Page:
CARSON CITY – Lt. Gov. Kate Marshall will formally leave her post on Friday, Sept. 17, beginning her new position in the Biden administration the following Monday, Marshall said in a letter of resignation received by the secretary of state’s office Friday.
Marshall has been named senior adviser to governors in the White House Office of Intergovernmental Affairs. Her resignation letter, addressed to Gov. Steve Sisolak, is almost identical to the statement she issued when news of her pending departure leaked in mid-August, adding only the date of her resignation.
“I have served this state I love for more than ten years in elective office,” Marshall wrote. “Working with Nevadans and for Nevadans fills me with hope and gives me faith in the future of our state.”
Marshall, 62, was elected lieutenant governor in 2018. In a statement released Friday, her office cited her efforts to establish a state Office of Small Business Advocacy, a dark skies tourism and conservation program in the state, and an immigrant workforce development task force, among other achievements.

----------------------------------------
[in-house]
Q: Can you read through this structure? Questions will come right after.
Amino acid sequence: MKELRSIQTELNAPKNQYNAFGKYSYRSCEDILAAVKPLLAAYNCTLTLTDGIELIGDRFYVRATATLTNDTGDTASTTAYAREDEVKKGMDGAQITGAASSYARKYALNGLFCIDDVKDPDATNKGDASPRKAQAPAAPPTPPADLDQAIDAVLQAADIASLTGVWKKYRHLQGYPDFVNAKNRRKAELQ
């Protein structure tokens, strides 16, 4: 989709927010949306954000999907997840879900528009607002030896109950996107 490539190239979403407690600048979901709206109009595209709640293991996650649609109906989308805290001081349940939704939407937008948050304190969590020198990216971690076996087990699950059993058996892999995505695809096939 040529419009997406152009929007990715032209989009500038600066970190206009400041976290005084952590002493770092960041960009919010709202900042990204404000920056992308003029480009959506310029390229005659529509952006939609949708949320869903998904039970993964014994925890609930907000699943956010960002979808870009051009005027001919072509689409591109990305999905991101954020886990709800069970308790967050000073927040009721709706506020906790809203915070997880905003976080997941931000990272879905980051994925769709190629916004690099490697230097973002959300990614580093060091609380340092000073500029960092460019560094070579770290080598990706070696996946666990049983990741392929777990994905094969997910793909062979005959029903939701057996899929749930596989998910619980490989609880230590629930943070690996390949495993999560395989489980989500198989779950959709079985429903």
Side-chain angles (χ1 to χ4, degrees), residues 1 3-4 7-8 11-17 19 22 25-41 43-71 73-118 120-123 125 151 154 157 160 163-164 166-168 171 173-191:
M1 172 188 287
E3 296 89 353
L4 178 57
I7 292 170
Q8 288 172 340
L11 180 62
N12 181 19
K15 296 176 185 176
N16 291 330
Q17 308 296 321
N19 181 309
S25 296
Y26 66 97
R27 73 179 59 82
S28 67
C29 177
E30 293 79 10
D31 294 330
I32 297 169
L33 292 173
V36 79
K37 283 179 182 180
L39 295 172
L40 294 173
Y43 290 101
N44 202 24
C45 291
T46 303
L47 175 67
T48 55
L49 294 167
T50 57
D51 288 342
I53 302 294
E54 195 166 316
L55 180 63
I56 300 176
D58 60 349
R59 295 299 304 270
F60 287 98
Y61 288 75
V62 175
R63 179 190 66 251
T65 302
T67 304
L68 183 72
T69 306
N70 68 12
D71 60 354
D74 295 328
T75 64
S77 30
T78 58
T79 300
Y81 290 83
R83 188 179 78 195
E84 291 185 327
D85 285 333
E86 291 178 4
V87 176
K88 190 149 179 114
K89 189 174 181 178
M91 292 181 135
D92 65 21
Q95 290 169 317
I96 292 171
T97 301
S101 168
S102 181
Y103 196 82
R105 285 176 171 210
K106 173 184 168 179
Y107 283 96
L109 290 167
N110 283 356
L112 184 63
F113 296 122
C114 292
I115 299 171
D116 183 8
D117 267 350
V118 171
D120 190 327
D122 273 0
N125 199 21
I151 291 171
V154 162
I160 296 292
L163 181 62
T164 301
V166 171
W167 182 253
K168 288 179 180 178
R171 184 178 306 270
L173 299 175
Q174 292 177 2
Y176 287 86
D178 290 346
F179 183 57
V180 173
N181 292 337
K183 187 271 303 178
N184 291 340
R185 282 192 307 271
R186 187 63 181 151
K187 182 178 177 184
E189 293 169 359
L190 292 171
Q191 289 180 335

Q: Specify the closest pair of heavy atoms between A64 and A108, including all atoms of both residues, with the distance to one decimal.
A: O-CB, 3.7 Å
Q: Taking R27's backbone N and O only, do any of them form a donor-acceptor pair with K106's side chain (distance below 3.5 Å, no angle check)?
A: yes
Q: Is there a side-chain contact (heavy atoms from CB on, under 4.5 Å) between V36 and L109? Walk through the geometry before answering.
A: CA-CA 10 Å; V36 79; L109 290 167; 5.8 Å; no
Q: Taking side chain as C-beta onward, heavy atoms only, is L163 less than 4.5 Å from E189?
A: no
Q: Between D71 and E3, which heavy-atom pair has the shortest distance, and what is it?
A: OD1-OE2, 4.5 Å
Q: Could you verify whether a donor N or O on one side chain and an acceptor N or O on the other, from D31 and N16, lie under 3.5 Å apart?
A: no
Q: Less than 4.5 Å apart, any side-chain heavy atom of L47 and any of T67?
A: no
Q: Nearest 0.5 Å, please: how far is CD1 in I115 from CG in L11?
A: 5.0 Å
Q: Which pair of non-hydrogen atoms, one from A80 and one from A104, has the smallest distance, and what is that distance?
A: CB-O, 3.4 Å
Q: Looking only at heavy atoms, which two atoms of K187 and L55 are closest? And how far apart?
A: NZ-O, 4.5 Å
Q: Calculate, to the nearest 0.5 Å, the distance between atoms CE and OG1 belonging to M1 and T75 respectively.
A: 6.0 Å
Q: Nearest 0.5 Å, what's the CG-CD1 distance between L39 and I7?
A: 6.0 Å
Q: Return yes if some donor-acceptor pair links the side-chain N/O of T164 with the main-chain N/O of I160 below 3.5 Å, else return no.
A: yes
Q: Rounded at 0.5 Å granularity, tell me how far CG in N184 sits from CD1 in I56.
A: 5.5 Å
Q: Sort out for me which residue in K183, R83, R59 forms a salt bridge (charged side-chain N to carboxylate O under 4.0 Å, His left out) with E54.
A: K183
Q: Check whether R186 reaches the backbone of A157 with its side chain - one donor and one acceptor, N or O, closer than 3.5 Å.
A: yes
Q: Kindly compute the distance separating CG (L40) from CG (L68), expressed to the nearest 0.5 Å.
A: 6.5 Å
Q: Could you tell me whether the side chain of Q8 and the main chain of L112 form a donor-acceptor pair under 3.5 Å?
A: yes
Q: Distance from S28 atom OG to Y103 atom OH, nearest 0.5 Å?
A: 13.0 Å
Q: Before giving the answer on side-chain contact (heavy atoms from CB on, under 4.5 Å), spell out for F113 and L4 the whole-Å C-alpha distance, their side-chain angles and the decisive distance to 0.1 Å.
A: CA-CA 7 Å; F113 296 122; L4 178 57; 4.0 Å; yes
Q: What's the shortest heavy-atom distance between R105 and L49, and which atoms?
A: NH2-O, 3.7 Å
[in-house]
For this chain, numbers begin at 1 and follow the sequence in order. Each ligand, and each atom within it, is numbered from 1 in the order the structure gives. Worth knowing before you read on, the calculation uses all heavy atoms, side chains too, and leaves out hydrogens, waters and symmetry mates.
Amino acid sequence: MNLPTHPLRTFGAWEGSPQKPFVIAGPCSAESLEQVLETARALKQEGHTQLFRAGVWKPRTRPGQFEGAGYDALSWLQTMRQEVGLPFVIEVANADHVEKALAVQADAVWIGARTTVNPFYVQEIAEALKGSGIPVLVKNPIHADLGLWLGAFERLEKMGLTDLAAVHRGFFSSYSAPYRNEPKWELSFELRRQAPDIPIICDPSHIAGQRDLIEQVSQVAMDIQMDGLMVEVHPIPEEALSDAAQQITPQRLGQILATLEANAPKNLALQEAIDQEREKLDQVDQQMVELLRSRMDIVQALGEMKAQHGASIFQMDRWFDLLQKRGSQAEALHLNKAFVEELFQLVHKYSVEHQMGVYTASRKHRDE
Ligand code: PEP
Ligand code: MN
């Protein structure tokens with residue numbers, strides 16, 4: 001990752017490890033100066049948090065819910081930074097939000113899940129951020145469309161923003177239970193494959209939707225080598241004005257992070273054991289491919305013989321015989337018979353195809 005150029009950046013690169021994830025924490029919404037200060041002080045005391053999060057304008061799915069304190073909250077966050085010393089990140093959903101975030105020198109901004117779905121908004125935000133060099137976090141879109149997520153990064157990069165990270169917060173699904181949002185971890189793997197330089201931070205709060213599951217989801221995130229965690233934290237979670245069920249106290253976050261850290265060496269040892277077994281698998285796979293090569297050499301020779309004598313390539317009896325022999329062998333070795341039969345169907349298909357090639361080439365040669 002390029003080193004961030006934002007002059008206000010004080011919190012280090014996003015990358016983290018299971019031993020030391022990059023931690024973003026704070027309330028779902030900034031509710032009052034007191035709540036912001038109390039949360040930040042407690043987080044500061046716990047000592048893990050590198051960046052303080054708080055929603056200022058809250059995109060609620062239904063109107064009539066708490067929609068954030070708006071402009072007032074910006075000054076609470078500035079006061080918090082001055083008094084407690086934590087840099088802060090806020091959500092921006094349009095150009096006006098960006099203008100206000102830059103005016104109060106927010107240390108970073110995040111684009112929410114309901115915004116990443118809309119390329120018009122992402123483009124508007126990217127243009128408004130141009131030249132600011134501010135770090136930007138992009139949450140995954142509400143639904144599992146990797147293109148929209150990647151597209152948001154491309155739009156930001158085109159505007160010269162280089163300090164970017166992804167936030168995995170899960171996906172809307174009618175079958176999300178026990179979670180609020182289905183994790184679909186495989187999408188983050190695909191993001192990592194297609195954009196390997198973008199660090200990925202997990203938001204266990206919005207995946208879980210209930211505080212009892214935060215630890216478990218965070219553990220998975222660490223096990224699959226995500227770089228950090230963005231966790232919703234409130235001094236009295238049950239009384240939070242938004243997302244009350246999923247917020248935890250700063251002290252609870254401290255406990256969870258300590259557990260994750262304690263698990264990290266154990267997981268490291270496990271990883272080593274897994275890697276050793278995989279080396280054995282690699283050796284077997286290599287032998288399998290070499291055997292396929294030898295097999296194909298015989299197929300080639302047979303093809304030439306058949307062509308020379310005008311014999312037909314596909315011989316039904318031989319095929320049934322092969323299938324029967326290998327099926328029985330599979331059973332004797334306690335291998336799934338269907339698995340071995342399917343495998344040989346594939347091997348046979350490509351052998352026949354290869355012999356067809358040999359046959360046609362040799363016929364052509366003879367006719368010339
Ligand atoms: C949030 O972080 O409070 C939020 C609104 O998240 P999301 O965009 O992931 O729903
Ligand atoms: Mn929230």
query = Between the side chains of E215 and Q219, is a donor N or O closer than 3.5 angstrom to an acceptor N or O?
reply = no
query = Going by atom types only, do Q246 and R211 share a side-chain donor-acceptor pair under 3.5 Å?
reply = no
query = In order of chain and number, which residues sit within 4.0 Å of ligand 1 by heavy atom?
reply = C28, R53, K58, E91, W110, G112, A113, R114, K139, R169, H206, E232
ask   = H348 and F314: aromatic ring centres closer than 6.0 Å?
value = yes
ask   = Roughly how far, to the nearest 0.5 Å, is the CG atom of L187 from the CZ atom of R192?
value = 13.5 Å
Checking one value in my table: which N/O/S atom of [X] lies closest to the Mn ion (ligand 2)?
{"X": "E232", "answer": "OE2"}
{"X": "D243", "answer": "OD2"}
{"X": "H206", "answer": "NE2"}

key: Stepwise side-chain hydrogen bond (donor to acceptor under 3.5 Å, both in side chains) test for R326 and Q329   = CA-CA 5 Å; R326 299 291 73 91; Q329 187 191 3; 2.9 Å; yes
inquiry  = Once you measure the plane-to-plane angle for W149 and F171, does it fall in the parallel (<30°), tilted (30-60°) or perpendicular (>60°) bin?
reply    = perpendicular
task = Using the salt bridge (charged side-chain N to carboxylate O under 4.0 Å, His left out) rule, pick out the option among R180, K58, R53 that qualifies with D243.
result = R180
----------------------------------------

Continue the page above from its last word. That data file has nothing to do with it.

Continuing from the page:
She previous won election as state treasurer in 2006 and served two four-year terms, leaving the post due to term limits. She ran unsuccessfully for Congress in 2011.
A San Francisco native, she earned her undergraduate and law degrees from the University of California, Berkeley, and worked for the U.S. Justice Department before coming to Nevada in 1997 to work in the attorney general’s office, where she set up the state antitrust division. She endorsed Biden’s presidential bid in February 2020.
The governor may appoint a successor to Marshall but does not have to fill the vacancy. The lieutenant governor presides over the state Senate and casts tie-breaking votes only as necessary. Lawmakers are expected to return this fall for a special session to redraw legislative district lines, but in the absence of the lieutenant governor, state Sen. Mo Denis, D-Las Vegas, the Senate president pro tem, will preside over the chamber.
Sisolak, congratulating Marshall last month, said he was not certain he would fill the post or if he had to ahead of the special session.